Burglars leave cash near Joel Osteen’s church

People at Joel Osteen’s Lakewood Church, where he worships, left a lot of cash on Sunday morning. Credit: Ray and Cynthia Hatesing via Wikimedia Commons

Joel Osteen may have to dust off his finest flowered vest and nickname his next sermon after it was discovered that two hundreds-dollar bills — tied to an unsolved burglary at a Buena Park home last year — were left around his sanctuary in Houston.

A janitor at Lakewood Church, whose Orange County campus serves primarily as the seat of power for the televangelist leader, discovered the unidentified bills around 8 a.m. on Sunday, the Orange County Register reported.

They had been soiled with sweat, meaning Osteen had possibly been mowing his outdoor lawn as he arrived at his church at 8 a.m. in the morning.

“The note stated, ‘We’ve come to our senses, you can now go to heaven now,’” Craig Haubert, a fire marshal, told the outlet.

According to Orange County Sheriff’s spokesman Jeff Hall, the bills were framed and heavily embossed, and thus had been “exceedingly difficult” to decode, but it did point toward foul play.

“The handwriting just seemed very distinct, very in line with someone,” Hall said, adding that deputies also found clothing and other evidence at the scene that pointed to a burglary, though more evidence hadn’t been found when they examined it late Sunday afternoon.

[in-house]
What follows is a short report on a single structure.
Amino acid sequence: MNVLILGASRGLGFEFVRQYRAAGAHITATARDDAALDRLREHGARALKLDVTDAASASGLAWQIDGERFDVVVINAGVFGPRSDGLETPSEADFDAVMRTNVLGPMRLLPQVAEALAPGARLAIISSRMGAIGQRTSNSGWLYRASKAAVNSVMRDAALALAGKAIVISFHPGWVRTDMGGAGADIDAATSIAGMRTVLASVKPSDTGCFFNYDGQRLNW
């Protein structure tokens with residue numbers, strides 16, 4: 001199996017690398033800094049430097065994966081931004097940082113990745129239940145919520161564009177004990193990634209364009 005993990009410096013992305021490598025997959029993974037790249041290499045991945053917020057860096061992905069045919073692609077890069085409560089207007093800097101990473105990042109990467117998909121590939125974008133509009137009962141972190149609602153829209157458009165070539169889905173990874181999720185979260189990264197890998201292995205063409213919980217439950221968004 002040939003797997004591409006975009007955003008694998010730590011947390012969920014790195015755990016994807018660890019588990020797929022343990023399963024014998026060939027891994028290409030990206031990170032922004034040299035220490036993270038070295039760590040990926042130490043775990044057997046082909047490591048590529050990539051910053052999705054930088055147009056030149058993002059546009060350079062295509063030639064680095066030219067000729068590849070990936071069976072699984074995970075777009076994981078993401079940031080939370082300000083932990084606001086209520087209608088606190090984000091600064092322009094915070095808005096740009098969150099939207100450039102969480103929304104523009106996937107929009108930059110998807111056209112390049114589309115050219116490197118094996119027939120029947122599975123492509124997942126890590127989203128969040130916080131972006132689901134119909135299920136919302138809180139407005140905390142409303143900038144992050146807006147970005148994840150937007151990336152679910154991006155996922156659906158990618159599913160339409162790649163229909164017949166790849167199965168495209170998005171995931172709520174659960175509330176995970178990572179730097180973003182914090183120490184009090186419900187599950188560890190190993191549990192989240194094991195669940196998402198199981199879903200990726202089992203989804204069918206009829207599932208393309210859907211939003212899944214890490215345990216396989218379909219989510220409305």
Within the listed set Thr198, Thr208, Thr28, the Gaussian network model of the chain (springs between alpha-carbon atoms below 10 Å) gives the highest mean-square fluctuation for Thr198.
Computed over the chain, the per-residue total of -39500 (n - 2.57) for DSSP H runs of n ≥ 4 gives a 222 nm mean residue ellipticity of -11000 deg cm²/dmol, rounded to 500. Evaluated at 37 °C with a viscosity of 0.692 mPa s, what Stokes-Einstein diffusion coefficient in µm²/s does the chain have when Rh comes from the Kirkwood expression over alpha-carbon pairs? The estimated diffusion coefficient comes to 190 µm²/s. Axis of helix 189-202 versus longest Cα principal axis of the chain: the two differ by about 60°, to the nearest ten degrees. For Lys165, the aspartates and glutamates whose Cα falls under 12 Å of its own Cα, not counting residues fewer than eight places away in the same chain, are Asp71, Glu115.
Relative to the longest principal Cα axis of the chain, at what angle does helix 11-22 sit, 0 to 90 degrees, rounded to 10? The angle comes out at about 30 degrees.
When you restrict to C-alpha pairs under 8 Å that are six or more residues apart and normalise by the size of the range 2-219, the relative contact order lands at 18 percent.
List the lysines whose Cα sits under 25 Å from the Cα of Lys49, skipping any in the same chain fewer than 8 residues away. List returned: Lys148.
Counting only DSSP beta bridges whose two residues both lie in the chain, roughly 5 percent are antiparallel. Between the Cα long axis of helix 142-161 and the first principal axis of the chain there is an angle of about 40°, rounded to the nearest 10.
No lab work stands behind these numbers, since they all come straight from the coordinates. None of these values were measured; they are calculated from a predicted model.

“It’s frustrating,” Haubert told The Washington Post. “Anyone that lives in a neighborhood of this caliber or anybody that lives in a Lakewood Church would know exactly who it was.”

Osteen’s manager did not immediately respond to a request for comment.

Owners of a home in Buena Park were planning to attend a Sunday church service at Osteen’s church but didn’t find the bills when they arrived, according to the Register. Police said the notes had been unsigned and, because they weren’t tied to a specific neighborhood, wouldn’t further investigate whether they may have been left to solve the burglary or be found someplace else.

Osteen is the founder and senior pastor of a large Dallas-based church with more than 25,000 worshipers, according to Time magazine.

He achieved infamy in 2013 for naming an “electro-shark” as the biggest scarer in the house. In April, the church hosted the Real Housewives of Dallas reality TV crew for a special, according to Mediaite.com.

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